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Linux Mint and lost hard drive space

dollfacepersian Posts: 6
edited November 2011 in Storage

Newbie here. I posted this in the Linux Mint and DBaN communities. Posted this here too because I just wanted to check all my bases. More information is better, right?

I was wondering why Linux Mint 11 (is this a problem for other distros too?) seems to eat up so much space on hard drives, both internal and external - and if there is a way to access the missing space that doesn't involve wiping everything or a lot of tweaking short of taking everything apart.

I'd installed Mint on a 320 GB hard drive (had my eeepc 1005HA stock 160 GB hard drive upgraded, along with the memory, if that's important), and found I only had around 270 GB of hard drive space left. And when I reformatted my 1 TB external hard drive (NTFS to ext3/4), I had only 850-70 GB left, more or less. I'd decided to DBaN the internal drive, but DBaN read the drive as a 298 GB one. I did a Quick Erase anyway, and when I booted to DBaN again to see if things were all right, the hard drive still read as 298 GB. (Is there something really wrong if even DBaN doesn't read the entire drive?) But when I reinstalled Mint, it was read as a 320 GB one again.

By the way, I called the service center where I had my computer upgraded and they said that there were no problems with the hard drive, that the BIOS really did read all 320 GB of it.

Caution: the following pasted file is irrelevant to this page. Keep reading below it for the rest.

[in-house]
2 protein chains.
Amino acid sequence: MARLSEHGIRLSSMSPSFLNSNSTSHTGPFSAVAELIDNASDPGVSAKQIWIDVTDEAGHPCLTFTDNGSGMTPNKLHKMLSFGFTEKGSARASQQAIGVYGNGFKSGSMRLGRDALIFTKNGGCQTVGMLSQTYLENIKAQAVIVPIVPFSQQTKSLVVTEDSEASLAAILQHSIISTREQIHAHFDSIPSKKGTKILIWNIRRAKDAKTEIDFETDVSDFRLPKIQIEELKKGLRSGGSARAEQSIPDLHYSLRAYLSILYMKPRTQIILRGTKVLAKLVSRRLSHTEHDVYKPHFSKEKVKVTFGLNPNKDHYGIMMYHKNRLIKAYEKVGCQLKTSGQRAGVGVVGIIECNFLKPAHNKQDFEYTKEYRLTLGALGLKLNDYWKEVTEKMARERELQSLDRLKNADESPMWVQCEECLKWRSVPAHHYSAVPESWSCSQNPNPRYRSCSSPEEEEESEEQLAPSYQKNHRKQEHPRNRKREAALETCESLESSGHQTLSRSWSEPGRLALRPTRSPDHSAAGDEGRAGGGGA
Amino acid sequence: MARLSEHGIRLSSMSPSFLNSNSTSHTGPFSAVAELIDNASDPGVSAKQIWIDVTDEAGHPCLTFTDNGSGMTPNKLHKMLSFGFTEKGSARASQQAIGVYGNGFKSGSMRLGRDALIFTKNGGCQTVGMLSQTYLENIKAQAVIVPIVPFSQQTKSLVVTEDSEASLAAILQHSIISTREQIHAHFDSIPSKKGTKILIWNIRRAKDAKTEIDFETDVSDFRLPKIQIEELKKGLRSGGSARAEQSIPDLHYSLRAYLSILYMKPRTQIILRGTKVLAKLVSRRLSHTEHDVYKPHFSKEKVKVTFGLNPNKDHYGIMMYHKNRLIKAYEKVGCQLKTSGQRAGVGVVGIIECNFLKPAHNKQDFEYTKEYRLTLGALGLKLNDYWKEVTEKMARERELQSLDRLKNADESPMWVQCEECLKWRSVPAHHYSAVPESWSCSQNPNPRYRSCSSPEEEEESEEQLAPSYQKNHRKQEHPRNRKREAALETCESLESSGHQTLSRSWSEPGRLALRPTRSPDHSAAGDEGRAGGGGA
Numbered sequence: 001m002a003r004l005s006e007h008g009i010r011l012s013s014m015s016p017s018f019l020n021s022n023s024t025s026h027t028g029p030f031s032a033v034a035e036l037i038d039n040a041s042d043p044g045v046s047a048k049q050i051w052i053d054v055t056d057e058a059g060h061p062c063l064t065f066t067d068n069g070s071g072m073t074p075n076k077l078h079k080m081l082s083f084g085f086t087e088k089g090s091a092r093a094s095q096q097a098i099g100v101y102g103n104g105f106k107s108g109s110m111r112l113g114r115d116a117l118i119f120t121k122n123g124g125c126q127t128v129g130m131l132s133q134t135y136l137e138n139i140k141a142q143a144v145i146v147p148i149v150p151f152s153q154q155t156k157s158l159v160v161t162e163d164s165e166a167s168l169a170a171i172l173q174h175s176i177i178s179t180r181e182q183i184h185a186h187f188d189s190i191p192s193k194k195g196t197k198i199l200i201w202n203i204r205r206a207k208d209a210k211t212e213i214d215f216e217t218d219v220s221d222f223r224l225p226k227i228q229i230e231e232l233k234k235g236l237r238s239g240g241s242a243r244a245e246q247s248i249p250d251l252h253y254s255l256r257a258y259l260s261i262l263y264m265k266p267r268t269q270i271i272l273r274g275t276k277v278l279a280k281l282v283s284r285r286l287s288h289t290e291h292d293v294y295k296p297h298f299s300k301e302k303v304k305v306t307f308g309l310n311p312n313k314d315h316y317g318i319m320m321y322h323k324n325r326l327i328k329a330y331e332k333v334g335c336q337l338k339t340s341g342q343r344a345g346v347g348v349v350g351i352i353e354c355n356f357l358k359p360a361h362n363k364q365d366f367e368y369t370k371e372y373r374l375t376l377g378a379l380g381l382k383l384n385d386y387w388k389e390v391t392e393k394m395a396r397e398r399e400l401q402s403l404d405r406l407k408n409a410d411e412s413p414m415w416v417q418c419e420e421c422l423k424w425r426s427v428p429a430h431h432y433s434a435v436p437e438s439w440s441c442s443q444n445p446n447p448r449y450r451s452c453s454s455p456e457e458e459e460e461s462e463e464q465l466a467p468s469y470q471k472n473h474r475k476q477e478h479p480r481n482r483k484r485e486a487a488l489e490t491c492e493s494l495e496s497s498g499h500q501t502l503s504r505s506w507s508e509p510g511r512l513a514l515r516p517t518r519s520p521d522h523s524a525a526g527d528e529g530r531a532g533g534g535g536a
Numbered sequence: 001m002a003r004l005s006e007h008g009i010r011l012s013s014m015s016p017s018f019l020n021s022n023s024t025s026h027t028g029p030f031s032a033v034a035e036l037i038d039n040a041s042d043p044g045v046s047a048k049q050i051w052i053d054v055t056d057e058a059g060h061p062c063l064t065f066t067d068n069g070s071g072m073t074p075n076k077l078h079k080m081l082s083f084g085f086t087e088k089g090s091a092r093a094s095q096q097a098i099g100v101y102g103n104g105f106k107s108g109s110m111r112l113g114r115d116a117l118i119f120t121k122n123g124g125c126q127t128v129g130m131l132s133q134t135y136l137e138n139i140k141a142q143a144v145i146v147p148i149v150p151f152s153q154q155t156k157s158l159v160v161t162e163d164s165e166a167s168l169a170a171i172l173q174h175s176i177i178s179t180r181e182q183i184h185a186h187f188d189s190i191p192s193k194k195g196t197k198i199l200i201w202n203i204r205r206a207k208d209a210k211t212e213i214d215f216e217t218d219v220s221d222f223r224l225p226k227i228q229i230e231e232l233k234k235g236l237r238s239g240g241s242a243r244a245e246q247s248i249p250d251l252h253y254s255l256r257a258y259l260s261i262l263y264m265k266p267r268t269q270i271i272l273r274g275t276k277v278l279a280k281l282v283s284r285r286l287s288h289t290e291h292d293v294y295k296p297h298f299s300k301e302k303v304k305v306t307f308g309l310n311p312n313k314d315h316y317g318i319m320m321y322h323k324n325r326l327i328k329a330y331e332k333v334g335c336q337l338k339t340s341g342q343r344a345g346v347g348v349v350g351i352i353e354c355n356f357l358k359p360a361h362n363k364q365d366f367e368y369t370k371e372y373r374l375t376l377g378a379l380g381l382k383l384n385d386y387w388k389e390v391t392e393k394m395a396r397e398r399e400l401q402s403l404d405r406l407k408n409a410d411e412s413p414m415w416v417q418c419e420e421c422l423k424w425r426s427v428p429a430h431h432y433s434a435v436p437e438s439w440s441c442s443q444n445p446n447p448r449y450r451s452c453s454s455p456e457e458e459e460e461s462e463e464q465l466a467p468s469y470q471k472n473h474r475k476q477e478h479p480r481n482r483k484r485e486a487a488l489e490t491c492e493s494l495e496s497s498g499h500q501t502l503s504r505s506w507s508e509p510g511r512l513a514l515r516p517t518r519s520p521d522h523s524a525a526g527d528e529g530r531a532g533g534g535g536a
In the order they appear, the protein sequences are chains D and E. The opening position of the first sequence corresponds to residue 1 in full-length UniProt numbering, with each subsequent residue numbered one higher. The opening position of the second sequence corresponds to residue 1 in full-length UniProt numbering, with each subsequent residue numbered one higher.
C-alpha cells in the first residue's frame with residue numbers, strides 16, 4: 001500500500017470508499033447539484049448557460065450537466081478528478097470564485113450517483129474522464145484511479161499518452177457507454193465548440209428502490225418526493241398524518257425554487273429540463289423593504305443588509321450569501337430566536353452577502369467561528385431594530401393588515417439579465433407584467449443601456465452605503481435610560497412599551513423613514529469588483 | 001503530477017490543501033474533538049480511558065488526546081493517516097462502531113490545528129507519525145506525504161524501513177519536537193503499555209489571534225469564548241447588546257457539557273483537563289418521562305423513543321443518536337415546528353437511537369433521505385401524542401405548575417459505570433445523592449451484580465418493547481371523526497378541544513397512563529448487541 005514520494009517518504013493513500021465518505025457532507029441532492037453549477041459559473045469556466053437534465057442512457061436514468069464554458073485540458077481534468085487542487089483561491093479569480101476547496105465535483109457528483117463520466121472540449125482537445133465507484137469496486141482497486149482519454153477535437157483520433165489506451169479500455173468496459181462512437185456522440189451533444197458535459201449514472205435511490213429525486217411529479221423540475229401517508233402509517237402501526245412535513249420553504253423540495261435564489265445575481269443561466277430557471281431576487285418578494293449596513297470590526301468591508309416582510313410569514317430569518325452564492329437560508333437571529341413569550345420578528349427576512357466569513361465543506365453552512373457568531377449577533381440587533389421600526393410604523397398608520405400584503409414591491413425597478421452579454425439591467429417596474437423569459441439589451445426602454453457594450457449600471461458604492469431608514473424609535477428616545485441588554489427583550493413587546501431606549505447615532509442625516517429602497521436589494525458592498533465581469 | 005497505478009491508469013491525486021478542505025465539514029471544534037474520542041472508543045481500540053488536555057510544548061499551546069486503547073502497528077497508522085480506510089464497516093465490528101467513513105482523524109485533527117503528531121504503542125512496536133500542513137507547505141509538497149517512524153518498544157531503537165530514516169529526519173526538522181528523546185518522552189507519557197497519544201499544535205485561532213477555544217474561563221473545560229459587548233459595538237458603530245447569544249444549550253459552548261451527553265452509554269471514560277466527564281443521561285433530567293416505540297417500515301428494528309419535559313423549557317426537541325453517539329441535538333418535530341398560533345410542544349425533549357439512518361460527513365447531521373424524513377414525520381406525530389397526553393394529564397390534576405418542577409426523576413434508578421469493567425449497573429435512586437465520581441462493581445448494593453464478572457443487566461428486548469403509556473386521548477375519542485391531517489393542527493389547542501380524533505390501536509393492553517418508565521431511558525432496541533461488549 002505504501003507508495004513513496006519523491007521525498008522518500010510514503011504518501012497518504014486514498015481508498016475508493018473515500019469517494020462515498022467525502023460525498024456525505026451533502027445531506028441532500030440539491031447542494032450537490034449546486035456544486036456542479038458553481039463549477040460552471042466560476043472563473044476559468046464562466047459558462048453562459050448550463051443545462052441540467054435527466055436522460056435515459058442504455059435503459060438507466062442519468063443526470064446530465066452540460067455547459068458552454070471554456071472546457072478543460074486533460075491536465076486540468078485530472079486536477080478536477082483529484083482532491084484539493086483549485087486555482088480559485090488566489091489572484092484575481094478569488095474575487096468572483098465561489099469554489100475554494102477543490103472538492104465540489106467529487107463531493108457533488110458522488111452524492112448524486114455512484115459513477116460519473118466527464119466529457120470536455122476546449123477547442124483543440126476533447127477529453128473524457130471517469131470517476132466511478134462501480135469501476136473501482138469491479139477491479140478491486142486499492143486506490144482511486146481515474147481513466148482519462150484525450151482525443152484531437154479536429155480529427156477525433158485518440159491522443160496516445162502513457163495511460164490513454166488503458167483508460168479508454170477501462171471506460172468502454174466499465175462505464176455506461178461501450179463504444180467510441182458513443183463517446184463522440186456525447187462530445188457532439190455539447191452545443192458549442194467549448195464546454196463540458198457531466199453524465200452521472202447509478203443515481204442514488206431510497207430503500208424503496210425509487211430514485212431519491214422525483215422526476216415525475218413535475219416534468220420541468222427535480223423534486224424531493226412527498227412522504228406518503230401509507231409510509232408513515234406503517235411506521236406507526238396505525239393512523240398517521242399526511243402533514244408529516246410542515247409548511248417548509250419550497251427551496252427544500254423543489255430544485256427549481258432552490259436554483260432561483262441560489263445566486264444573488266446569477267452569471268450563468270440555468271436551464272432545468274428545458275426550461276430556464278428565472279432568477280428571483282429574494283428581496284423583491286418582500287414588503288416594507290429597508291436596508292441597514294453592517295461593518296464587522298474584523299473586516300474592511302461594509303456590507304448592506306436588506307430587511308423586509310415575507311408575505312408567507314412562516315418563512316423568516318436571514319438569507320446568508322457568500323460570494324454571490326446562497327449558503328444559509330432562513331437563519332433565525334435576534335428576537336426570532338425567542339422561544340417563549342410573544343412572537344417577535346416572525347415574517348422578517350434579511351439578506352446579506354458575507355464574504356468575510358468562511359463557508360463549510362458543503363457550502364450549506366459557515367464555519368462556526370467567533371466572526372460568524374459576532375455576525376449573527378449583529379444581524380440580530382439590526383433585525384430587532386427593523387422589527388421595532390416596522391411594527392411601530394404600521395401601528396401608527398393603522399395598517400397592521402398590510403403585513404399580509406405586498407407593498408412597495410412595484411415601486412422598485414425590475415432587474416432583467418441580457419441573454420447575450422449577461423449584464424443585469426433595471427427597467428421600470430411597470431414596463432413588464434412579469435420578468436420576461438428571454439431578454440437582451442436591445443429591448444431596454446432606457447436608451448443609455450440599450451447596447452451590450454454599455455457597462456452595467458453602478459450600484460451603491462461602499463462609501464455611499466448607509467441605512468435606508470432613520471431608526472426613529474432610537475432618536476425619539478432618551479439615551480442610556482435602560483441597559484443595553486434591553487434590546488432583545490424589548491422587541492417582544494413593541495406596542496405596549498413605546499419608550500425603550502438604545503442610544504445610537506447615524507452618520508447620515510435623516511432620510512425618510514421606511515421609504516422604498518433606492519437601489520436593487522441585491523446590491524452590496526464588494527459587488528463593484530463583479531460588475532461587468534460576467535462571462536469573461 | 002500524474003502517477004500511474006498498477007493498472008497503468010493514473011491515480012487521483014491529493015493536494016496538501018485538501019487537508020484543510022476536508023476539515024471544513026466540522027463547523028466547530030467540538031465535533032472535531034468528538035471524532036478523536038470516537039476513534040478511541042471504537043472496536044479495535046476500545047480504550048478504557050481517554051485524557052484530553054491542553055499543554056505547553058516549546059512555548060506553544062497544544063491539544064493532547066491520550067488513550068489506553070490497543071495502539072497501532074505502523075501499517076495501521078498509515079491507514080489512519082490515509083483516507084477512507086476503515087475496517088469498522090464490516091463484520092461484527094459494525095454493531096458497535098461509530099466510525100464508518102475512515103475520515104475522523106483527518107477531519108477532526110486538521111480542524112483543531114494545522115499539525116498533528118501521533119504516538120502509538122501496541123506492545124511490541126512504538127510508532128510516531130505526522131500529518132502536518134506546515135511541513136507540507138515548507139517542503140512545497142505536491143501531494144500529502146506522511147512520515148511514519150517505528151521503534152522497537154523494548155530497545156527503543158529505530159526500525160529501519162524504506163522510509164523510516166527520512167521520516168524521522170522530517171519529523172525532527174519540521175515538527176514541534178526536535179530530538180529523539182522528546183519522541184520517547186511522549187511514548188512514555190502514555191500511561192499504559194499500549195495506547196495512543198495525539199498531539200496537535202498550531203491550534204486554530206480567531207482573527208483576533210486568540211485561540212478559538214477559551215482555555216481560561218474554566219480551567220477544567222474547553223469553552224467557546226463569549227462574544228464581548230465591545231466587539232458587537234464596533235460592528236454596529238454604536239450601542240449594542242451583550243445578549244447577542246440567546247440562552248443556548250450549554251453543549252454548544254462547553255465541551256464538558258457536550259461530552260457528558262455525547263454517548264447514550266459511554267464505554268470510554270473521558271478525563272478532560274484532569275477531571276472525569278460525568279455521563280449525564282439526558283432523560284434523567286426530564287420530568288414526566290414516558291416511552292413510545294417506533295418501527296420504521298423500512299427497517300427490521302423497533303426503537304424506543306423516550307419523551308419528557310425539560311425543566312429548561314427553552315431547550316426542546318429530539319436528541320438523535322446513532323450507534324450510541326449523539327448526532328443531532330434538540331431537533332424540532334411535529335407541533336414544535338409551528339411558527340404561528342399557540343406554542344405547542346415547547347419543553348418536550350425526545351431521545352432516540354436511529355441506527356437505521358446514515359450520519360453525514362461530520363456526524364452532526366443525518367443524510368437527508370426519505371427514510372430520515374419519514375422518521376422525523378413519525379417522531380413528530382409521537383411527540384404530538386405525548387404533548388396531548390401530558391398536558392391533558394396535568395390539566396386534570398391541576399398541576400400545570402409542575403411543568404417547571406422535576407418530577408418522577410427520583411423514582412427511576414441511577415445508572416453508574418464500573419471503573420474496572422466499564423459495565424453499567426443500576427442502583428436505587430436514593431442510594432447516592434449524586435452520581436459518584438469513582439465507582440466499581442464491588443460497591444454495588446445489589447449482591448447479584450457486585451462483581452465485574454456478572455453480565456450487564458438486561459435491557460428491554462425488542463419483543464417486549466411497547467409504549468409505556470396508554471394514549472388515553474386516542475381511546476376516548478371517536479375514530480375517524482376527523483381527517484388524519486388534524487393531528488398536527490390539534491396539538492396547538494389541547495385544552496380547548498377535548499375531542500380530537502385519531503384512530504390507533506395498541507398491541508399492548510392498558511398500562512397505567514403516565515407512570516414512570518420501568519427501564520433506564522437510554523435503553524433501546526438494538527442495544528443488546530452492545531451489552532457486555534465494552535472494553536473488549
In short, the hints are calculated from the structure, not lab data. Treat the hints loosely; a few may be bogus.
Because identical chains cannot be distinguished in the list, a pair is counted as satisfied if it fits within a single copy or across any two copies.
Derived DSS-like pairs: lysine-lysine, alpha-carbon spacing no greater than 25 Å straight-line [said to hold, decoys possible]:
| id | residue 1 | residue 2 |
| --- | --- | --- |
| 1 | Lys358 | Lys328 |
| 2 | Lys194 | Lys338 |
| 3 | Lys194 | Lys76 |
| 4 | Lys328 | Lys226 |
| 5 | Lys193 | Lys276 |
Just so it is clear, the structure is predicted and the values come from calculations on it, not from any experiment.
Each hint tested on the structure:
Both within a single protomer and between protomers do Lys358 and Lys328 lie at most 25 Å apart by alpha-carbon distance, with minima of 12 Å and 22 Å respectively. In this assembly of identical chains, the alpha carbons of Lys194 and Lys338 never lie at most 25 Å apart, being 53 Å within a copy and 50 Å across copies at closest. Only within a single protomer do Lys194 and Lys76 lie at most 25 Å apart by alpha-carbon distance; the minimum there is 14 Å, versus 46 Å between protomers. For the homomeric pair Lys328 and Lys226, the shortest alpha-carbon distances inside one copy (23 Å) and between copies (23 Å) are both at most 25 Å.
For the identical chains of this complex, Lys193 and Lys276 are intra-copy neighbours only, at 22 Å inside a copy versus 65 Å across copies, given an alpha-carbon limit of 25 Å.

• marc
    marc Posts: 647
    I do not know about your exact problem but I'll throw in some information:

    320Gb is base10 and the info in almost all operating systems are red in bytes. That is 1Kb=1024bits and not 1000. So your hard drive won't ever read 320G in any OS. For a 320GB drive:
    320 GB = 298.02 Gb

    Further more, formatting in ext3/4 takes more space than in NTFS and that is because of the metadata that is kept in the filesystem.

    So, overall, I don't think you lost any disk space (or if you did, it is expected behaveour)

  • dollfacepersian
  • woboyle
    woboyle Posts: 501
    Also, just so you know, the OS will reserve some space for root that users can't access for just those occasions when the system really IS getting full, allowing the system to continue to run and for the admin (root) user to clean up some space for continued safe operation. Often that is just a matter of removing a bunch of log files (found in /var/log), and possibly core files from crashed applications, or other stuff the users put on the system (videos take a lot of space).


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